Central Vietnam

Introducing Central Vietnam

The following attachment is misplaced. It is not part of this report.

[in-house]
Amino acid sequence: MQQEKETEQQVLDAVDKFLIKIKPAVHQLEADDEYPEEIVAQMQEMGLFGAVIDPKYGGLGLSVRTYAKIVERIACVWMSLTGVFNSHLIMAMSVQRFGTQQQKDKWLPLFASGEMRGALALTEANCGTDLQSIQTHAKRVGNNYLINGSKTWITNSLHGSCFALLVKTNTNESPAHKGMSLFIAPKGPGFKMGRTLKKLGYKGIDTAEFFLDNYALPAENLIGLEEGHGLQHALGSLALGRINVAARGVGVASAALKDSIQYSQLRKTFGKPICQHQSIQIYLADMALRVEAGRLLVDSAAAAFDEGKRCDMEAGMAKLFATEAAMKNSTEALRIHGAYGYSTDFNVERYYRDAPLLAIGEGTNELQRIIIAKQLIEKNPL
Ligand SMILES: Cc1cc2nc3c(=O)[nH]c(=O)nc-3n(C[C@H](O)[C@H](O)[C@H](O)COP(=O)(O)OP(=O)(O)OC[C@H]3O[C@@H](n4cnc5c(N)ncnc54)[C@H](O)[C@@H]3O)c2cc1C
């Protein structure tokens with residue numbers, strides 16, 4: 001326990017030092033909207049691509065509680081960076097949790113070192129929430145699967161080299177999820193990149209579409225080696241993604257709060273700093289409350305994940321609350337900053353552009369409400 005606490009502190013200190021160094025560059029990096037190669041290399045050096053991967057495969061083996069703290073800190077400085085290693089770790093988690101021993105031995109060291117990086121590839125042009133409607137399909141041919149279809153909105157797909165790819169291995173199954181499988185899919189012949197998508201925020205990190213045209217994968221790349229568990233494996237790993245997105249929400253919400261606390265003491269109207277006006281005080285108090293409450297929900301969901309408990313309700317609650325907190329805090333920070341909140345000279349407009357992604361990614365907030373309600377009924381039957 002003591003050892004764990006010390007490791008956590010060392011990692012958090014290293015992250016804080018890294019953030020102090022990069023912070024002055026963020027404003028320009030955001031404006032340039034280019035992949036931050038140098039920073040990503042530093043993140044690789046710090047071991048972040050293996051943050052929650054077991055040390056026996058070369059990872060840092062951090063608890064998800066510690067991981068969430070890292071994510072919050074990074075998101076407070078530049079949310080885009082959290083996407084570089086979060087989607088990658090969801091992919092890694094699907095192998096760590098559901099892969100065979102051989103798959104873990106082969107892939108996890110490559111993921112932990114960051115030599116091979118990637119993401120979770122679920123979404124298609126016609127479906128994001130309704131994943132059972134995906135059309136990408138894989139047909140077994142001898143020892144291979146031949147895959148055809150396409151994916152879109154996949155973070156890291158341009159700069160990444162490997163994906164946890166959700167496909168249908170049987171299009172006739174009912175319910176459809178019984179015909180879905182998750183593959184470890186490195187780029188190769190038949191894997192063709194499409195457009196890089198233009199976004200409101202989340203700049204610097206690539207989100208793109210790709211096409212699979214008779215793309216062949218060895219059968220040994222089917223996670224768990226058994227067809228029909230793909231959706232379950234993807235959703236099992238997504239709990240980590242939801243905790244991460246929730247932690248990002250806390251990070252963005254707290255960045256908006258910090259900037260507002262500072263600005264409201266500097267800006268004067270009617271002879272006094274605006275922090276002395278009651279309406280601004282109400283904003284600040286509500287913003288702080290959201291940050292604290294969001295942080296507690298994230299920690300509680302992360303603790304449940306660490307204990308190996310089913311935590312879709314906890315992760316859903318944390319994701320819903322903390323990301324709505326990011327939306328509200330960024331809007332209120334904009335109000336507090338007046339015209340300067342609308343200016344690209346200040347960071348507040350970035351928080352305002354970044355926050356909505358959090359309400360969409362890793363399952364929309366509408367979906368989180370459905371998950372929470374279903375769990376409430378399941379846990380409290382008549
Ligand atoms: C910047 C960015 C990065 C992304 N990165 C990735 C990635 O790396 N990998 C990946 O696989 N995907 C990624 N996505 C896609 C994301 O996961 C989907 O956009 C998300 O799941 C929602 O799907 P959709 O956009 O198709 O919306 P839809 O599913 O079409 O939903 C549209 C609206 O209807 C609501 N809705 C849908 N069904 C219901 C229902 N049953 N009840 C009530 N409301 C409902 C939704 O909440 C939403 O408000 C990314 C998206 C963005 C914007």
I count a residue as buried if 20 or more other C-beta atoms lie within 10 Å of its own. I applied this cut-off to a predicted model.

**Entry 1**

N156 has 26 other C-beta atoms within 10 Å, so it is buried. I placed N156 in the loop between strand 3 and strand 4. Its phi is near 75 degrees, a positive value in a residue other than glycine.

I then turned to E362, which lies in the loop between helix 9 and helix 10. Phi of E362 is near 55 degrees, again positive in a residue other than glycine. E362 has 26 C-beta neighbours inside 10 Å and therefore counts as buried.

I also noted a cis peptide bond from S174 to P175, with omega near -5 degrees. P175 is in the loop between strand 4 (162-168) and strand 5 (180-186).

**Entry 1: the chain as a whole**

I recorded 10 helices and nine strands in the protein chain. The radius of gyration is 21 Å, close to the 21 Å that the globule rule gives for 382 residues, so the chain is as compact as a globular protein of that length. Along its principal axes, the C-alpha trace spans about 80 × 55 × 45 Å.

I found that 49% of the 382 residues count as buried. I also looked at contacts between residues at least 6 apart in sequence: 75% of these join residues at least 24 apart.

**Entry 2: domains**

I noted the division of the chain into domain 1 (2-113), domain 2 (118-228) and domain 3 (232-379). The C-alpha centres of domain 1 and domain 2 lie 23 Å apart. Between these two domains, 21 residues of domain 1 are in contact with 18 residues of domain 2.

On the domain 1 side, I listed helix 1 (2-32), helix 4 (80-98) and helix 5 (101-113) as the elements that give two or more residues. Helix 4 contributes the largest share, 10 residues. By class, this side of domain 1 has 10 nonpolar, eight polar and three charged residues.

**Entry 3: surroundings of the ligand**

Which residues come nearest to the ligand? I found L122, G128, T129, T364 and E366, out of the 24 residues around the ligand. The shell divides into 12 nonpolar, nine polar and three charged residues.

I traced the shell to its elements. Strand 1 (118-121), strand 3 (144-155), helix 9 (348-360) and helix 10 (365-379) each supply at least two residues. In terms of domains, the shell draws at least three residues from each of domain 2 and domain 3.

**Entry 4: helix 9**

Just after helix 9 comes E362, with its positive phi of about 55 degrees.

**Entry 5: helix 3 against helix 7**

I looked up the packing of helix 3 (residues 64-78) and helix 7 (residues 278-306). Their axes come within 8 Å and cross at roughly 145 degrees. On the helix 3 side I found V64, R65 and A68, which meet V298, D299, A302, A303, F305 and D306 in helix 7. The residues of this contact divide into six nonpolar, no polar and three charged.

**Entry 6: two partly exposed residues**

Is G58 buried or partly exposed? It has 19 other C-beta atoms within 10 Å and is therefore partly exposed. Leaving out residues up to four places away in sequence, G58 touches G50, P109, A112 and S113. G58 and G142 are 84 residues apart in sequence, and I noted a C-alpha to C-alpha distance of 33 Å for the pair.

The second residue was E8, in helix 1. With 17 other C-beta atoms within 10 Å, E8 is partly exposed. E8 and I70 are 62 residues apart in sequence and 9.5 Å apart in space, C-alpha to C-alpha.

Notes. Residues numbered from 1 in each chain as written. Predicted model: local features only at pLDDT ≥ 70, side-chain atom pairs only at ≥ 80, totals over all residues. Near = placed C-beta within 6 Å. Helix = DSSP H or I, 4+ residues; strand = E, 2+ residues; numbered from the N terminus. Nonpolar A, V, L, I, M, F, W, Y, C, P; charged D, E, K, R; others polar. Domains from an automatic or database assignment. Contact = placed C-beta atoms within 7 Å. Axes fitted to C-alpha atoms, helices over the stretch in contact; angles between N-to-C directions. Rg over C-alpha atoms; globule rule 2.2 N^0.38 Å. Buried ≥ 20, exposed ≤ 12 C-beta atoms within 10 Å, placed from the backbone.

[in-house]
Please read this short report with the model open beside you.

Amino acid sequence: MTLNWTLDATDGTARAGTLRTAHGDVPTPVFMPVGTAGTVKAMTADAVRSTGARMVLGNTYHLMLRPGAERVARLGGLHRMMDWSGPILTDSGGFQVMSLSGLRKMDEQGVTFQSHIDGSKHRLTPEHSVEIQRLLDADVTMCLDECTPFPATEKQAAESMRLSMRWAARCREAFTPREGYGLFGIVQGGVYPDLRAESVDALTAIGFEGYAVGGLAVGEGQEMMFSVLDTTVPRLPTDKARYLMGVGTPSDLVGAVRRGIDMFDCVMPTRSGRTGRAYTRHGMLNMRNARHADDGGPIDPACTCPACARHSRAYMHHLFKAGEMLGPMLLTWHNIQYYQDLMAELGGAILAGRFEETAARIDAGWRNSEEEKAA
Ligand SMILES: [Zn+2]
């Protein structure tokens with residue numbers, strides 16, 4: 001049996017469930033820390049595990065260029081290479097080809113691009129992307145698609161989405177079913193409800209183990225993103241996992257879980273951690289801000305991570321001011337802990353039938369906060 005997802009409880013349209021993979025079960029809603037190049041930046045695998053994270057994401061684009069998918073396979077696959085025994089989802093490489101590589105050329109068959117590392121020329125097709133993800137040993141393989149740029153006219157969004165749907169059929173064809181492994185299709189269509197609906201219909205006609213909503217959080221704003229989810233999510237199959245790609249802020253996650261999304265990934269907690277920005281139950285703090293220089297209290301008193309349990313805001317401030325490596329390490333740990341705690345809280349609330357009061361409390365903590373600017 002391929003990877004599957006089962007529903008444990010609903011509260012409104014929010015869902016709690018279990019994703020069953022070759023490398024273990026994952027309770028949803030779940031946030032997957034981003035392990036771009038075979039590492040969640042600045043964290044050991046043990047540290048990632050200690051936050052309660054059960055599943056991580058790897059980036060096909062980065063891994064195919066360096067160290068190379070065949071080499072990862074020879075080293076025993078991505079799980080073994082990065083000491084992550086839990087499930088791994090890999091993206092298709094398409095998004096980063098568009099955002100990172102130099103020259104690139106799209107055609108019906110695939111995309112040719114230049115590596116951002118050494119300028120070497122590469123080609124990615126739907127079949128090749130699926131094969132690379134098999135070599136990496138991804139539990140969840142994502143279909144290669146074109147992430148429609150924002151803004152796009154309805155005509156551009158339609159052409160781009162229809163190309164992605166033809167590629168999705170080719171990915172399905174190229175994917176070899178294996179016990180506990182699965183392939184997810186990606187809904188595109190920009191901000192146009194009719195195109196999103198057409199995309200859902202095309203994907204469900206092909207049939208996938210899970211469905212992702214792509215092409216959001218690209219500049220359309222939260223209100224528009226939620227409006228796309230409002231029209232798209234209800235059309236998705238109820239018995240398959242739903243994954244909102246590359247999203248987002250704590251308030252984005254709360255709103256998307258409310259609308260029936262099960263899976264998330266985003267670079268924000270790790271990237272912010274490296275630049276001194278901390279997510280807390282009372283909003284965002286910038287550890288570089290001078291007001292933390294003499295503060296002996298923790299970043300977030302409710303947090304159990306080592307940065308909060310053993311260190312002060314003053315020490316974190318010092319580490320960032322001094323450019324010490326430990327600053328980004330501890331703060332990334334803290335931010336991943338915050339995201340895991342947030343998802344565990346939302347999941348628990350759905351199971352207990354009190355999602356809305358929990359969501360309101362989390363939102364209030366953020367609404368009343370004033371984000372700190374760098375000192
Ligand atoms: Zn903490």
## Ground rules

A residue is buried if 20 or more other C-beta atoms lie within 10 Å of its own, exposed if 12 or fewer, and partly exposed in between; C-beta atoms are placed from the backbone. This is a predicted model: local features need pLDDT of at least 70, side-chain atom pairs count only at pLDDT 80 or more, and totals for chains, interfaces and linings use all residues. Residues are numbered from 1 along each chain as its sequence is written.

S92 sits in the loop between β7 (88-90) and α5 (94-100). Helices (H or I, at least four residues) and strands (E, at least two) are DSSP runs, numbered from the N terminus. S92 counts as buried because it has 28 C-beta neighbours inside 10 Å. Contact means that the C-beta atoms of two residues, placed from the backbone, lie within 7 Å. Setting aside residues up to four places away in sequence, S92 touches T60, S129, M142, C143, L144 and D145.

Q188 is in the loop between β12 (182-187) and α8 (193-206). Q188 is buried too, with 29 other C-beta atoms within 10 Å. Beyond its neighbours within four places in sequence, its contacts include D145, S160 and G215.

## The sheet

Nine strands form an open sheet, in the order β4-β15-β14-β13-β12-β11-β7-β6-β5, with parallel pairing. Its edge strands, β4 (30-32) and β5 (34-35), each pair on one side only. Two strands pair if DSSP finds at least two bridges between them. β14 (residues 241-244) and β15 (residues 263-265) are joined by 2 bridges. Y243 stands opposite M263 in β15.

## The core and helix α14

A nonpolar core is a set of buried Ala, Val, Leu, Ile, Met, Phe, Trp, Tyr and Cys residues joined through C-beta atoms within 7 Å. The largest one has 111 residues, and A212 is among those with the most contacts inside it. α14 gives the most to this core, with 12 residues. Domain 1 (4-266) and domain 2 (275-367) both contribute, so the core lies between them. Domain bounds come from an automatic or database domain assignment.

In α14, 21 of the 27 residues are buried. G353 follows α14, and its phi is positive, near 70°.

Once a bustling seaport, the diminutive town of Hoi An perches beside an indolent backwater, its narrow streets of wooden-fronted shophouses and weathered roofs making it an enticing destination. Inland, the war-battered ruins of My Son, the greatest of the Cham temple sites, lie mouldering in a steamy, forest-filled valley. Da Nang, just up the coast, lacks Hoi An’s charm, but good transport links make it a convenient base for the area. From Da Nang a corkscrew ride over clifftop Hai Van Pass, or a straight run through the new 6km-long tunnel, brings you to the aristocratic city of Hué, where the Nguyen emperors established their capital in the nineteenth century on the banks of the languid Perfume River. The temples and palaces of this highly cultured city still testify to past splendours, while its Imperial mausoleums are masterpieces of architectural refinement, slumbering among pine-shrouded hills.